UNA hosts 25th George Lindsey Film Fest

Tiffani Adams, Volunteer Writer

The 25th Annual George Lindsey UNA Film Festival has wrapped up its four-day production showcasing talents across the world. The film festival was held March 2 -5, and during those four days numerous viewings, panels and celebrations were held to honor George Lindsey and emphasize UNA’s “Year of the Woman.”

The George Lindsey Film Festival is the longest running film festival in Alabama. Professional films from various regions and different categories were showcased in The Alley Cat to display the numerous talents of young, aspiring filmmakers. These films ranged from horror to documentaries with the purpose to entertain and educate. The panels and workshops were held in the Mane Room and aided in connecting these individuals to industry professionals in an informal setting.

Michael Johnson, chair and assistant professor of Film Production, produced this year’s festival, and has been the official planner since 2016. Johnson screened every film before deciding if it will be showcased and worked with several UNA departments to make final decisions. The message of the festival has always been to appreciate unique cinematic arts. Johnson said he is proud of the inclusivity and women empowerment represented in this year’s message.

“We have a number of film festivals trying to reach parody,” Johnson said. “[We are] trying to get more films directed by people of color. Trying to really have a focus on that because not only is it just underrepresented in media, but in the profession itself.”

Johnson wants to include more students in the production of the film festival in later years to create community with other filmmakers from across the globe and establish an appreciation of the cinematic arts.

Brenna Wardell, Associate Professor of Film Studies in the UNA English department, is the moderator and coordinator for the festival, and contacted the most about participating in them. Her passion about films makes her excited about potential new contenders.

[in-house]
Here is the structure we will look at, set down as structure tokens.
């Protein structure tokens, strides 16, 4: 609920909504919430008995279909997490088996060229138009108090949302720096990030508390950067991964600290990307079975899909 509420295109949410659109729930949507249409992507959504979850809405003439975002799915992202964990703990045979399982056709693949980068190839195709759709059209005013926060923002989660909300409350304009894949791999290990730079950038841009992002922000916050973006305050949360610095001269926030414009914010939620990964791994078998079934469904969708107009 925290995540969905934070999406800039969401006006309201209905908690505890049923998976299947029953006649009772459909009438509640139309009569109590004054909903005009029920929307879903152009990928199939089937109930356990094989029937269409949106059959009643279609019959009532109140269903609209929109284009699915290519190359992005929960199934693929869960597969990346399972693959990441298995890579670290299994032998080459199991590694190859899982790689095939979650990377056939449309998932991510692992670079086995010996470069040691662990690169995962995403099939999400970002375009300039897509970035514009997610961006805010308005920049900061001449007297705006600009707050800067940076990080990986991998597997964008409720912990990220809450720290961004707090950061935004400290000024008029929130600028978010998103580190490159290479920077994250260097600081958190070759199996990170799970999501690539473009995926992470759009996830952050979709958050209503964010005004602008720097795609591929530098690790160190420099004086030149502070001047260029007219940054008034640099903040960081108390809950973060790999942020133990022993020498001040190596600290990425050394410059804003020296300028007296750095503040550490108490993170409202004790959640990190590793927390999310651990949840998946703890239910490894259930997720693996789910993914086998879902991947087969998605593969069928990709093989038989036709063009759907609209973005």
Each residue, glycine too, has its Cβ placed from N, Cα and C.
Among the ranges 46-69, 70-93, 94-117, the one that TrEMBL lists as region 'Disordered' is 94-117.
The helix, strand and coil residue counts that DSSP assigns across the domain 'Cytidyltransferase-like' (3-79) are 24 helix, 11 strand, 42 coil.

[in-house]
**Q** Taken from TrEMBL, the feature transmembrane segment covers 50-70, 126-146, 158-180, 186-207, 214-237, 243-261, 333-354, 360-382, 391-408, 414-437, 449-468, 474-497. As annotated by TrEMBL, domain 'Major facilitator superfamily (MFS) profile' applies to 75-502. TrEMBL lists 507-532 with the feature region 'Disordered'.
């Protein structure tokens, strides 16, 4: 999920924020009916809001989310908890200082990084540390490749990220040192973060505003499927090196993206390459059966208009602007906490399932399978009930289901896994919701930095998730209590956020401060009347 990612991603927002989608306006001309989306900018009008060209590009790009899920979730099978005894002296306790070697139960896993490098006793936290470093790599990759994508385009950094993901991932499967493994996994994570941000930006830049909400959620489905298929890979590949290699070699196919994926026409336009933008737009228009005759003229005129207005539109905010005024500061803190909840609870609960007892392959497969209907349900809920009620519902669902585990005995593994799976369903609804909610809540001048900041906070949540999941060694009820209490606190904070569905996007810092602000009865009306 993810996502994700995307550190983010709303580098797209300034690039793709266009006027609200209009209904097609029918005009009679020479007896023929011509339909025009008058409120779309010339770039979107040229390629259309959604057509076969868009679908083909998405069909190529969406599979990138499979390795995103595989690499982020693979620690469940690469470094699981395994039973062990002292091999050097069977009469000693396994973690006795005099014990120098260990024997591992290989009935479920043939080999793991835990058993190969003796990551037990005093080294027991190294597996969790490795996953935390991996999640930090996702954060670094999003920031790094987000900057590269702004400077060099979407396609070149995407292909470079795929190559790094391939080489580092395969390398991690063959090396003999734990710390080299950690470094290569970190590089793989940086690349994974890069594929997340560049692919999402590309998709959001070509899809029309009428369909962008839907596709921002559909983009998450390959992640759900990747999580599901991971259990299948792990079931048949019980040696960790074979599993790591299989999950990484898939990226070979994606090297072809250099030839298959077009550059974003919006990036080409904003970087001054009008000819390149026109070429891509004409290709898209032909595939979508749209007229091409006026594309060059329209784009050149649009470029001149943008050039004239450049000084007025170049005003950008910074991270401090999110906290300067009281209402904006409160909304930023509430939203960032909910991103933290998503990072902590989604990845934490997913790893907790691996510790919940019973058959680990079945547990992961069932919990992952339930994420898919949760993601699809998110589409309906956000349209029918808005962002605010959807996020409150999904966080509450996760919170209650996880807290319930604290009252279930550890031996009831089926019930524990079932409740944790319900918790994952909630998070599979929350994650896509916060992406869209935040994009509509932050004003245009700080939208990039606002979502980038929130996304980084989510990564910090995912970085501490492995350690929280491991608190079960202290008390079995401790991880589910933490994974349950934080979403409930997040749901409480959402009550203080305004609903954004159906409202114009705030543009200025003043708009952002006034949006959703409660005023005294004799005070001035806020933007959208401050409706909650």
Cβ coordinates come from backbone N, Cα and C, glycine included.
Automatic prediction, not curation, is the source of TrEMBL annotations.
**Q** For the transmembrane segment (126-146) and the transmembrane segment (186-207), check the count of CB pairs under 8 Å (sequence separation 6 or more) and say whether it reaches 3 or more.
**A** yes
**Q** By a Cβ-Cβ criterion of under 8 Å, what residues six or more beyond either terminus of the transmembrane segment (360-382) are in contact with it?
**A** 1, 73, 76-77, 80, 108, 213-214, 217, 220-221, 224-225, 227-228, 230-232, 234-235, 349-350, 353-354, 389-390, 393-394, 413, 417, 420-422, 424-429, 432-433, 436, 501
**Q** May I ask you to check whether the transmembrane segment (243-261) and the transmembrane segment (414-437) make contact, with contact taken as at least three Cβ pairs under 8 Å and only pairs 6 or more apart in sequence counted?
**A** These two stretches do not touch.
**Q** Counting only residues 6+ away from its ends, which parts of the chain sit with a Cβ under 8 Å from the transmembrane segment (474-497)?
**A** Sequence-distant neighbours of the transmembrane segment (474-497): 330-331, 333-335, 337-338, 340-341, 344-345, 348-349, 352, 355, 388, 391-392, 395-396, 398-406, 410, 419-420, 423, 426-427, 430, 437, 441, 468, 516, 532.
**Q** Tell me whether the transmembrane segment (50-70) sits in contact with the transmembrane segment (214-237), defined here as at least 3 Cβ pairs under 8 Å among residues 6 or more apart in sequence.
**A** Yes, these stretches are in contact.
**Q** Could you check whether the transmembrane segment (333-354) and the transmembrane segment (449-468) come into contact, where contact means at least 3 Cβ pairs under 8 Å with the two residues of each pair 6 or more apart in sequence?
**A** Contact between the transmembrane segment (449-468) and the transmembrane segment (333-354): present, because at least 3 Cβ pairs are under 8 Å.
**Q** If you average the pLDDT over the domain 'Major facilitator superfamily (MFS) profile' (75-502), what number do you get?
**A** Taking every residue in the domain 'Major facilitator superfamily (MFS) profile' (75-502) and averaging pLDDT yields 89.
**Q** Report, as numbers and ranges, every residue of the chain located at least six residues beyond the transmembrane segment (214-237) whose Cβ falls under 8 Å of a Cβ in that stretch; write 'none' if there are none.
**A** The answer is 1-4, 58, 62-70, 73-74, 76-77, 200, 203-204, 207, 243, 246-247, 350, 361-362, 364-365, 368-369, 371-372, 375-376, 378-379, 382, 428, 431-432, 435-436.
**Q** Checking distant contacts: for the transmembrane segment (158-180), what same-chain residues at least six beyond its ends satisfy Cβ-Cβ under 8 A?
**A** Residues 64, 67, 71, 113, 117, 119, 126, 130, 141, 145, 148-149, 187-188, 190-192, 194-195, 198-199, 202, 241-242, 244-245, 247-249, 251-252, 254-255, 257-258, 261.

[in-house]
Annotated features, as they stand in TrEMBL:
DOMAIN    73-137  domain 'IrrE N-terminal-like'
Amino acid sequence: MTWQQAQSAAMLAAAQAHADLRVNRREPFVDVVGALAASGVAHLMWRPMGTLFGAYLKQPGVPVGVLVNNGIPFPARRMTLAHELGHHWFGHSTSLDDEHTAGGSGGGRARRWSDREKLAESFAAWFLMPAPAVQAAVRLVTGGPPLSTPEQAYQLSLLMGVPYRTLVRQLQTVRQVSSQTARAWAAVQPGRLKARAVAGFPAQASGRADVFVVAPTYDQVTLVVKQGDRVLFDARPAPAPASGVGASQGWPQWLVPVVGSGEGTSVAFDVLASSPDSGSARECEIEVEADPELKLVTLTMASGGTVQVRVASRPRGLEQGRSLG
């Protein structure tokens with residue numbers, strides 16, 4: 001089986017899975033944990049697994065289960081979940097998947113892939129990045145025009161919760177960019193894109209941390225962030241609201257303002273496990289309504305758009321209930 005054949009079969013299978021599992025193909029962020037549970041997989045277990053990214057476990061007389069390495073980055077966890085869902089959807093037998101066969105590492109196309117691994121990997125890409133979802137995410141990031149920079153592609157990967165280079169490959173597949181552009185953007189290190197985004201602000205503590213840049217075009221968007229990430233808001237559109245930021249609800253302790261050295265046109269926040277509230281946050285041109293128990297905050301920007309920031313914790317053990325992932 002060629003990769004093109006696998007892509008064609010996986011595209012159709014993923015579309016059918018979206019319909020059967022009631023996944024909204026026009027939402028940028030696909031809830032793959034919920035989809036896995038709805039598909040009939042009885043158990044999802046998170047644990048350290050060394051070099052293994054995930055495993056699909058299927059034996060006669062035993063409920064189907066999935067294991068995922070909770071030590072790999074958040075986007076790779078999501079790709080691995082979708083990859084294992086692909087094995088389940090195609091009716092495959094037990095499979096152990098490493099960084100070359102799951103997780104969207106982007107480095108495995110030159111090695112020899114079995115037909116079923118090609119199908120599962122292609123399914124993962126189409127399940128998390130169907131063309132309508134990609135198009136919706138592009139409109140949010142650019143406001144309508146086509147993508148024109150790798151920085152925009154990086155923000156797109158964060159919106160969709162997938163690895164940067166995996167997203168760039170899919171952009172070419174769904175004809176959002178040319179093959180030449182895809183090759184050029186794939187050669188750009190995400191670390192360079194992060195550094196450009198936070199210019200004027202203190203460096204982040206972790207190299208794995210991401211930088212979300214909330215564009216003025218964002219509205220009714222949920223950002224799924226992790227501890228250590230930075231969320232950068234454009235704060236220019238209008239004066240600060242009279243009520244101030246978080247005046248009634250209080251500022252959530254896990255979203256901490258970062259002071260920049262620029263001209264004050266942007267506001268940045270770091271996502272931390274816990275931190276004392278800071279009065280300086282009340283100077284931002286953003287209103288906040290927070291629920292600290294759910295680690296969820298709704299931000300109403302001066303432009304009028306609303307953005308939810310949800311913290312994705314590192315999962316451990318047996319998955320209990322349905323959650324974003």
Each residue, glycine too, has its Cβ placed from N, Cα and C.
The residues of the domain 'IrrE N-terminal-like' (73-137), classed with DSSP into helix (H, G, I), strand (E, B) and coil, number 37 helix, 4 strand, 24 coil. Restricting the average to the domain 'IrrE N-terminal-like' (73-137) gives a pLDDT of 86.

“We celebrate the South and Alabama filmmakers,” Wardell said. “It is a great opportunity to earn awards- like financial help and recognition, which is really great. They go out into the world beyond Alabama and make a splash.”

Movies are not the only awarded subjects in the festival. Natalie Justus won Best Feature Screenplay at the award ceremony Saturday night for her screenplay “Death of a Bachelor”. It was her first time participating in the film festival, having only watched in previous years, and strengthened her connection to film and UNA.

“It’s nice to see a film community in this area and involved with the school,” Justus said. “At my school, it’s a very small program.”

While the festival is mostly held to view, celebrate, and learn about films, it is presented as a strong networking device. Audience members in attendance this year included: Sasha Levinson and Edie Hand. Levinson has worked with several Hollywood stars, participated in the Women Making Movies panel and received the award for Best Professional Documentary. Hand is a published author who personally worked with George Lindsey years ago and has made appearances on U.S.A Today.

Hand was in attendance to showcase her documentary “Women of True Grit” and seek out potential women filmmakers to implement her message and programs to. She was excited that this year’s festival celebrating UNA’s “Year of the Woman” gave her the opportunity to aid young women that aspire to create.

“You can’t get something done if no one believes in you,” Hand said. “We can do this for each other as a sisterhood- for women.” Lily Prater, a marketer for small film businesses, was seeking out clients. She had her own film premiered but was searching for talent for her company in Georgia.

“I would like to come back and bring my company,” Prater said. “We go places and strive for connections. Seeing as the community here is thriving, we would definitely like to come back.”

The success of the George Lindsey Film Festival is reliant on donations and grants of individuals passionate about film. A scholarship for film students at UNA was prepared in 2011 and named after Lindsey for his commitment to helping young and aspiring individuals. President Ken Kitts concluded the award ceremony (and final night) of the film festival by promising to honor George Lindsey and generate more funding for the arts.